Formulating the appropriate treatment plan is equally as important to diagnosis the cause of “poor” performance. The majority of equine patients evaluated for waning performance are typically diagnosed with some degree of lameness and the exact source of the lameness must be identified. Considering that verbal communications with the horse are limited, identification of the exact source of lameness can be the most challenging part of a poor performance exam. A thorough lameness evaluation, complete with nerve blocks, is required.
Common sources of lameness in horses include osteo-arthritis and tendon/ligament inflammation. The identification of degenerative joint disease or arthritis often results in a discussion regarding intra-articular therapies. These range from corticosteroids to regenerative therapies including PRP, IRAP, and stem cells. Ligament and tendon inflammation can be managed with intra-lesion injections (regenerative therapies), extra-corporeal shockwave, laser treatment and topical anti-inflammatories. Additionally, generalized or focal muscle soreness may also contribute to poor performance in equine patients and these conditions can be managed with shockwave treatment, magna wave treatment, massage and systemic anti-inflammatory medication.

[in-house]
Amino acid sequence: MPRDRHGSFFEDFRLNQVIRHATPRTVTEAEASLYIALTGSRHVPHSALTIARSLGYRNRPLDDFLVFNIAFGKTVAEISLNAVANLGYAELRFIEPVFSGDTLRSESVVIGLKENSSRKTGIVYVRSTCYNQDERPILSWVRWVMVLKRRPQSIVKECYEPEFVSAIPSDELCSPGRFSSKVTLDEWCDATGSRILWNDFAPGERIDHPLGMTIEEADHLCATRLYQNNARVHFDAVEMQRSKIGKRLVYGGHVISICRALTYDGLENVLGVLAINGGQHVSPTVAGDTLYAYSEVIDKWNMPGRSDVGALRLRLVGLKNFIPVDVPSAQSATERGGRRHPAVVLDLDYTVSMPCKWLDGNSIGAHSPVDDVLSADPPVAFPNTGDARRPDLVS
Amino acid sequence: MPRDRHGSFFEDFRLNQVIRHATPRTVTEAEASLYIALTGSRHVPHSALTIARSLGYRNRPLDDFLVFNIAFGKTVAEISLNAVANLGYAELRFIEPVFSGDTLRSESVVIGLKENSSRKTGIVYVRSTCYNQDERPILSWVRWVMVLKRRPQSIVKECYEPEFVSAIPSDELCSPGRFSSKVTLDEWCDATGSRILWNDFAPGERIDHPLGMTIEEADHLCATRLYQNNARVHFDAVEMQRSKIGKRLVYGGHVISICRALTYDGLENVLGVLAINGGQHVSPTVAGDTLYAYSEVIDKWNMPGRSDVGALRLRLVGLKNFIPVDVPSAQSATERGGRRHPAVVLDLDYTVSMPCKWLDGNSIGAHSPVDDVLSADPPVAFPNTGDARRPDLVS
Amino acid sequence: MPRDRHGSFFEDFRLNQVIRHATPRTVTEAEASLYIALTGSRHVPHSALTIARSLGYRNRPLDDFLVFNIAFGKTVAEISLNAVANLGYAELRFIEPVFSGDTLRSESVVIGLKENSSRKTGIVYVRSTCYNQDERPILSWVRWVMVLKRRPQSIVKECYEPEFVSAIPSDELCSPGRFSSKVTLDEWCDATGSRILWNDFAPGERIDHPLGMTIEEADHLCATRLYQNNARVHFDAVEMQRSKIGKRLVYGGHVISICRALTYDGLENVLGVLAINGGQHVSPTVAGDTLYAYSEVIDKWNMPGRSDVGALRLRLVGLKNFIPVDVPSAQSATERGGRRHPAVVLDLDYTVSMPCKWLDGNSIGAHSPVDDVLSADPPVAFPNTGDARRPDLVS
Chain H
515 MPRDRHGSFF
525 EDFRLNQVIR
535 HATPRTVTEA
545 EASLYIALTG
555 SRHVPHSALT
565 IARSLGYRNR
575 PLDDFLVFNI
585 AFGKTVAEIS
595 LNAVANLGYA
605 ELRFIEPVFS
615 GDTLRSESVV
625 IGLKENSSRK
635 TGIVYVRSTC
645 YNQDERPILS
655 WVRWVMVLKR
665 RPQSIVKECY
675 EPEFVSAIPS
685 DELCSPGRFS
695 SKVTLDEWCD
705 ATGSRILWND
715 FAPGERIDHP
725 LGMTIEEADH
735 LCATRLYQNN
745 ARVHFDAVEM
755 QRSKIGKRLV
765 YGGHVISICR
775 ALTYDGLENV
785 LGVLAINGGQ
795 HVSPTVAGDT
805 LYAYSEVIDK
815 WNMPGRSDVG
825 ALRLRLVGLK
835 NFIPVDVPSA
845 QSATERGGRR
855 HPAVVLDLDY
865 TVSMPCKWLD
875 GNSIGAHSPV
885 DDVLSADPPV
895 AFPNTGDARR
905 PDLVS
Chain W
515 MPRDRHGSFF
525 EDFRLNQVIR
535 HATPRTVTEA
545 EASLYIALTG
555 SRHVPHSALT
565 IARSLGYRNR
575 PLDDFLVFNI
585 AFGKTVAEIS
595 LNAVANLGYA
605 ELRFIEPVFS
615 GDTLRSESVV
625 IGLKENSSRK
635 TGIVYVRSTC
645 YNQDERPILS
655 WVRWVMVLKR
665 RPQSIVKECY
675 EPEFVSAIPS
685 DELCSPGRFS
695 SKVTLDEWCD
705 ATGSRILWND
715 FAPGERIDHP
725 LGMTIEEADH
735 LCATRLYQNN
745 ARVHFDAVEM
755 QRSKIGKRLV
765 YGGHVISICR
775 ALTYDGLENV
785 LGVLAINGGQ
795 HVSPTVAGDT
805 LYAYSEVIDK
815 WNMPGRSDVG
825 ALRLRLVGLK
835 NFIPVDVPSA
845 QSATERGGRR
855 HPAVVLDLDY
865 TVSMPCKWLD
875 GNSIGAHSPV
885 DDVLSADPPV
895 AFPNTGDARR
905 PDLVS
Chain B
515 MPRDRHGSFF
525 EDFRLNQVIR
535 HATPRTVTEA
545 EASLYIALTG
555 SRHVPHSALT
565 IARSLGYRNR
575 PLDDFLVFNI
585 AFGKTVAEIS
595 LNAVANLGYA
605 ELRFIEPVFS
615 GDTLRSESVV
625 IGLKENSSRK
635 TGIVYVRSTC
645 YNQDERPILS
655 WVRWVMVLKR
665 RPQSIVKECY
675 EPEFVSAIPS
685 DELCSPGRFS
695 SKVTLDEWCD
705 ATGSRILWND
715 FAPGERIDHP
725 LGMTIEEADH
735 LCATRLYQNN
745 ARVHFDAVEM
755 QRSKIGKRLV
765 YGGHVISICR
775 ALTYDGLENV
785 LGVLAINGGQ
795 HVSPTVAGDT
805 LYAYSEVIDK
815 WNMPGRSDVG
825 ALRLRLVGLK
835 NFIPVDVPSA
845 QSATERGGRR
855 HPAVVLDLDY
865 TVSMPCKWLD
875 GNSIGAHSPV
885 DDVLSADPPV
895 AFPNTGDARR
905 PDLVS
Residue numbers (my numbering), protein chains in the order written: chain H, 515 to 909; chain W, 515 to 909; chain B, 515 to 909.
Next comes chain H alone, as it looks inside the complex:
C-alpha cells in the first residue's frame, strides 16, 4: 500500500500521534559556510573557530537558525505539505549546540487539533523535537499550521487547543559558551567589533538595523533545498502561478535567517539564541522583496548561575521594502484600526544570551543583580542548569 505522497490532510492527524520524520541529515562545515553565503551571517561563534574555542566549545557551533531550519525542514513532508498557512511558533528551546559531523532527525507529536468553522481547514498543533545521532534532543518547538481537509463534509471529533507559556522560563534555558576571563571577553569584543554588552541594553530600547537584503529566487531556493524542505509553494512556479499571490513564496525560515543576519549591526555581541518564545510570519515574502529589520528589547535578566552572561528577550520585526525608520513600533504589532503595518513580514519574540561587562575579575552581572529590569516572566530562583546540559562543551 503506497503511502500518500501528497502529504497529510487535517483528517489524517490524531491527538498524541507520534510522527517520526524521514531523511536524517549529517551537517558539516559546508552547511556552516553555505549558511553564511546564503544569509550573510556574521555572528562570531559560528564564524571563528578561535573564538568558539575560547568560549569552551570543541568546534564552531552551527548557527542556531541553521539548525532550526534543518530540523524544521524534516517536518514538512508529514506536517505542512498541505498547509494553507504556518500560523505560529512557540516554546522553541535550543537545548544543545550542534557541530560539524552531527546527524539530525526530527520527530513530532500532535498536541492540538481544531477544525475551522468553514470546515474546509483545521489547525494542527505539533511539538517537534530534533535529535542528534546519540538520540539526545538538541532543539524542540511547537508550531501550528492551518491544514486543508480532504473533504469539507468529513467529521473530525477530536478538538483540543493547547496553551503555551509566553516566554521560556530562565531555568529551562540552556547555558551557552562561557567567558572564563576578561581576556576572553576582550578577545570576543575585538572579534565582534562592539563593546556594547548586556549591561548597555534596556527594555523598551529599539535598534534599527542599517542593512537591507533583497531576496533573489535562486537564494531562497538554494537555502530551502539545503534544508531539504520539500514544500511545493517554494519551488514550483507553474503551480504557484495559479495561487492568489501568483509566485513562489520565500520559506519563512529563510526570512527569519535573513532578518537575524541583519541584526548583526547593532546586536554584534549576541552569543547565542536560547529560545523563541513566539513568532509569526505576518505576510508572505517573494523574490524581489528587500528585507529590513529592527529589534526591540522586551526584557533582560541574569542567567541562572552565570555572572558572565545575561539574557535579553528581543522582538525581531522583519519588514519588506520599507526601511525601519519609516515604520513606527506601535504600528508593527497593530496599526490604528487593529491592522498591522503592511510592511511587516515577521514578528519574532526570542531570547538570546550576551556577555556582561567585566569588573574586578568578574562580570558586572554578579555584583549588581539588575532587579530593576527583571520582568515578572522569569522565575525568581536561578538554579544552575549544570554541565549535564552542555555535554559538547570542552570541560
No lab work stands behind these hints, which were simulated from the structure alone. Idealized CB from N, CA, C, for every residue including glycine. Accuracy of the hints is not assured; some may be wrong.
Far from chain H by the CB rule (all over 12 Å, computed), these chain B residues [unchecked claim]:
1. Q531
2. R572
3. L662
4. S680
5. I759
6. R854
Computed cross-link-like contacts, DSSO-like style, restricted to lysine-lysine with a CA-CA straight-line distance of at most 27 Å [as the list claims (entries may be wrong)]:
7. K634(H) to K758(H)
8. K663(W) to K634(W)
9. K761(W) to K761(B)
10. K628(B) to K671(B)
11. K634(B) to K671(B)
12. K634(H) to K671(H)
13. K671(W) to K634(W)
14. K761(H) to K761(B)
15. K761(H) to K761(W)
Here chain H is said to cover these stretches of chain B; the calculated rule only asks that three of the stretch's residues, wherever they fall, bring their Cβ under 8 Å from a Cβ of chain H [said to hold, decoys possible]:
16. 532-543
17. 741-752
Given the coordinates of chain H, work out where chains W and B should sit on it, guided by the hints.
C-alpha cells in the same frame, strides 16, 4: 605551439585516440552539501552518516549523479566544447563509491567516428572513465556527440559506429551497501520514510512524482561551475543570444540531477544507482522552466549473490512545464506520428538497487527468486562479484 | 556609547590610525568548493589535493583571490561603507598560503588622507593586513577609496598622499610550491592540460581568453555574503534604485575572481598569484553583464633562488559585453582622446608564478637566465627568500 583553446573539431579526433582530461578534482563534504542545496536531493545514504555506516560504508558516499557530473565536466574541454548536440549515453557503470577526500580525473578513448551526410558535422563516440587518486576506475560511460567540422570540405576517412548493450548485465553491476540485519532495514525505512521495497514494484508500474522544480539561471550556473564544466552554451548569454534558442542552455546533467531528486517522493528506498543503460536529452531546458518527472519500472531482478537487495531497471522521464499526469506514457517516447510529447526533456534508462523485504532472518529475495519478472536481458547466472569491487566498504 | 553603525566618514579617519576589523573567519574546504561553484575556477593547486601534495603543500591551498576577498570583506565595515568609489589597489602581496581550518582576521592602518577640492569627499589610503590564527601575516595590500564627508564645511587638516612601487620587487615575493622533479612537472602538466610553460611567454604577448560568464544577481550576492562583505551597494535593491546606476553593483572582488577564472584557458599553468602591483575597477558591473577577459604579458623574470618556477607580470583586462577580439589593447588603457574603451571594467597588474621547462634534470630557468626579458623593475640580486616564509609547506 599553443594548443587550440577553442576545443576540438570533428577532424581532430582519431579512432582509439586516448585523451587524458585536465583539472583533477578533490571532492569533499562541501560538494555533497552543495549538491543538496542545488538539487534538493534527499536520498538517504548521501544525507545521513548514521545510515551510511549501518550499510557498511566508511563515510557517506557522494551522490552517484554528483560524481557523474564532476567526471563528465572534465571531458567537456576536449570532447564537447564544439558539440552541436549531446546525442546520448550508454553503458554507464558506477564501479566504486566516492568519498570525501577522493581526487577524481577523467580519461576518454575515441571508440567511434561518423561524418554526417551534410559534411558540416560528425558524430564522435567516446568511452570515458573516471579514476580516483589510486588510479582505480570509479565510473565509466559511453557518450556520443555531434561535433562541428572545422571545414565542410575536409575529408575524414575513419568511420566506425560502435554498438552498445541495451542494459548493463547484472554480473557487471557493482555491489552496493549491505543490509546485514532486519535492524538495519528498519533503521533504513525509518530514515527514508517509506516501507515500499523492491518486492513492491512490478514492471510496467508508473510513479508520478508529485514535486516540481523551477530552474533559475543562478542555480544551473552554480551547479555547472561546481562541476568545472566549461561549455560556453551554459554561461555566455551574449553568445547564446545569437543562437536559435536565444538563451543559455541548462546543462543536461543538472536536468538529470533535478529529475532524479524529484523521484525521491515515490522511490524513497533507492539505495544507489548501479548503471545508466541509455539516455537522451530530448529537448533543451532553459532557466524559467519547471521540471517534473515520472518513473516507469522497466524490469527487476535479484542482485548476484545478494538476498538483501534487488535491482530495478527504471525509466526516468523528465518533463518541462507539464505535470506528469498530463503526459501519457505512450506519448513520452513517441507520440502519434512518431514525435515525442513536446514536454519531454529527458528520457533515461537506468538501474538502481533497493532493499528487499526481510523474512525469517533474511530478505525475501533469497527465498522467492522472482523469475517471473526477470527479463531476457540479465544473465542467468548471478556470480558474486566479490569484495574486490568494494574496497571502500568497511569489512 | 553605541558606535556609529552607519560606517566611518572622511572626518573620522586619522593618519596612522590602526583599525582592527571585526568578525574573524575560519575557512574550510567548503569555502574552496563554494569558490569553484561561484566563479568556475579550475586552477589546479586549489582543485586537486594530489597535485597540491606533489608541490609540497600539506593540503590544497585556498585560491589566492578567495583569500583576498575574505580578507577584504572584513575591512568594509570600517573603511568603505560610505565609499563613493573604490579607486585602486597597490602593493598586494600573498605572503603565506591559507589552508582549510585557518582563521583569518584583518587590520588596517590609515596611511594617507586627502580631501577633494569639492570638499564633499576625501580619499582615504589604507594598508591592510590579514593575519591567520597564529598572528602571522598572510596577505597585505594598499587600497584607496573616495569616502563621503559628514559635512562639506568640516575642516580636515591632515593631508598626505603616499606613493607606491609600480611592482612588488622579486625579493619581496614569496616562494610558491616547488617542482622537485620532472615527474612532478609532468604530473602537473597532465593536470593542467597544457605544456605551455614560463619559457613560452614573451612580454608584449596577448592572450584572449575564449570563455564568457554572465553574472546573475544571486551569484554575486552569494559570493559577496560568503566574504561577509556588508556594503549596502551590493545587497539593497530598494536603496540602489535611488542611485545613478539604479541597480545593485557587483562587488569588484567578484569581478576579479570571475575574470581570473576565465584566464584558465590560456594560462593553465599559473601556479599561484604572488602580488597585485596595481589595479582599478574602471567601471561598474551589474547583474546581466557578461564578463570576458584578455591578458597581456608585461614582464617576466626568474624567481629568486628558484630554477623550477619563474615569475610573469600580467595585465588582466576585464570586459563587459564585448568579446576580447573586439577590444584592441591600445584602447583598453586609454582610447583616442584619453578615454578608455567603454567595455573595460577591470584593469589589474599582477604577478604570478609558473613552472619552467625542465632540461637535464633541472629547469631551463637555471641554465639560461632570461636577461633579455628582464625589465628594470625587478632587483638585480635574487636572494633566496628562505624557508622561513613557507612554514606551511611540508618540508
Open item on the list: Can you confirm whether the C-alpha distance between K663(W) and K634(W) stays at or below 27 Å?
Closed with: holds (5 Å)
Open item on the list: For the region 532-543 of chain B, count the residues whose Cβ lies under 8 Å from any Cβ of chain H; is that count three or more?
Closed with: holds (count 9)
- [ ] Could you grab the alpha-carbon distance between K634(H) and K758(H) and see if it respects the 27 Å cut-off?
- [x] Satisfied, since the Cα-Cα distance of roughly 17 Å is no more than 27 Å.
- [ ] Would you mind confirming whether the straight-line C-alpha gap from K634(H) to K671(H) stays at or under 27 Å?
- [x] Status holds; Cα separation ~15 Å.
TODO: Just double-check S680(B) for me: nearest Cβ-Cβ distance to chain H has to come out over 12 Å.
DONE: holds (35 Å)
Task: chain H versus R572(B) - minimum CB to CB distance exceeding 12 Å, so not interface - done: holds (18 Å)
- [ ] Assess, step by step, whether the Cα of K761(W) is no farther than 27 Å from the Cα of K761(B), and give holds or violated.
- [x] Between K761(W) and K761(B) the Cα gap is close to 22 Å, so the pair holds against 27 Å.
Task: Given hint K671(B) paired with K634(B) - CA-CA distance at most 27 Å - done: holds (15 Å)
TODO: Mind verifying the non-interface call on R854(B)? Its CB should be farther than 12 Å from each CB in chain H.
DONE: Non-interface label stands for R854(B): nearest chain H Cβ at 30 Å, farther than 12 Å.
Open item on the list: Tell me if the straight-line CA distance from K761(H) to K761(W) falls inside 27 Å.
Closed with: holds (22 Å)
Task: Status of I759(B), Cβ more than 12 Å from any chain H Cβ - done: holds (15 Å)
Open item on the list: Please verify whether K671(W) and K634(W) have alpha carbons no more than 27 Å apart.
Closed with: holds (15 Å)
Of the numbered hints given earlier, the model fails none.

Critical to the success of any therapeutic plan is an appropriate shoeing/trimming plan for the horse and a case-specific exercise program. These rehabilitative programs must be fluid and the patient examined on regular intervals to monitor progress. PHD Veterinary Services offers both a mobile services and an equine clinic.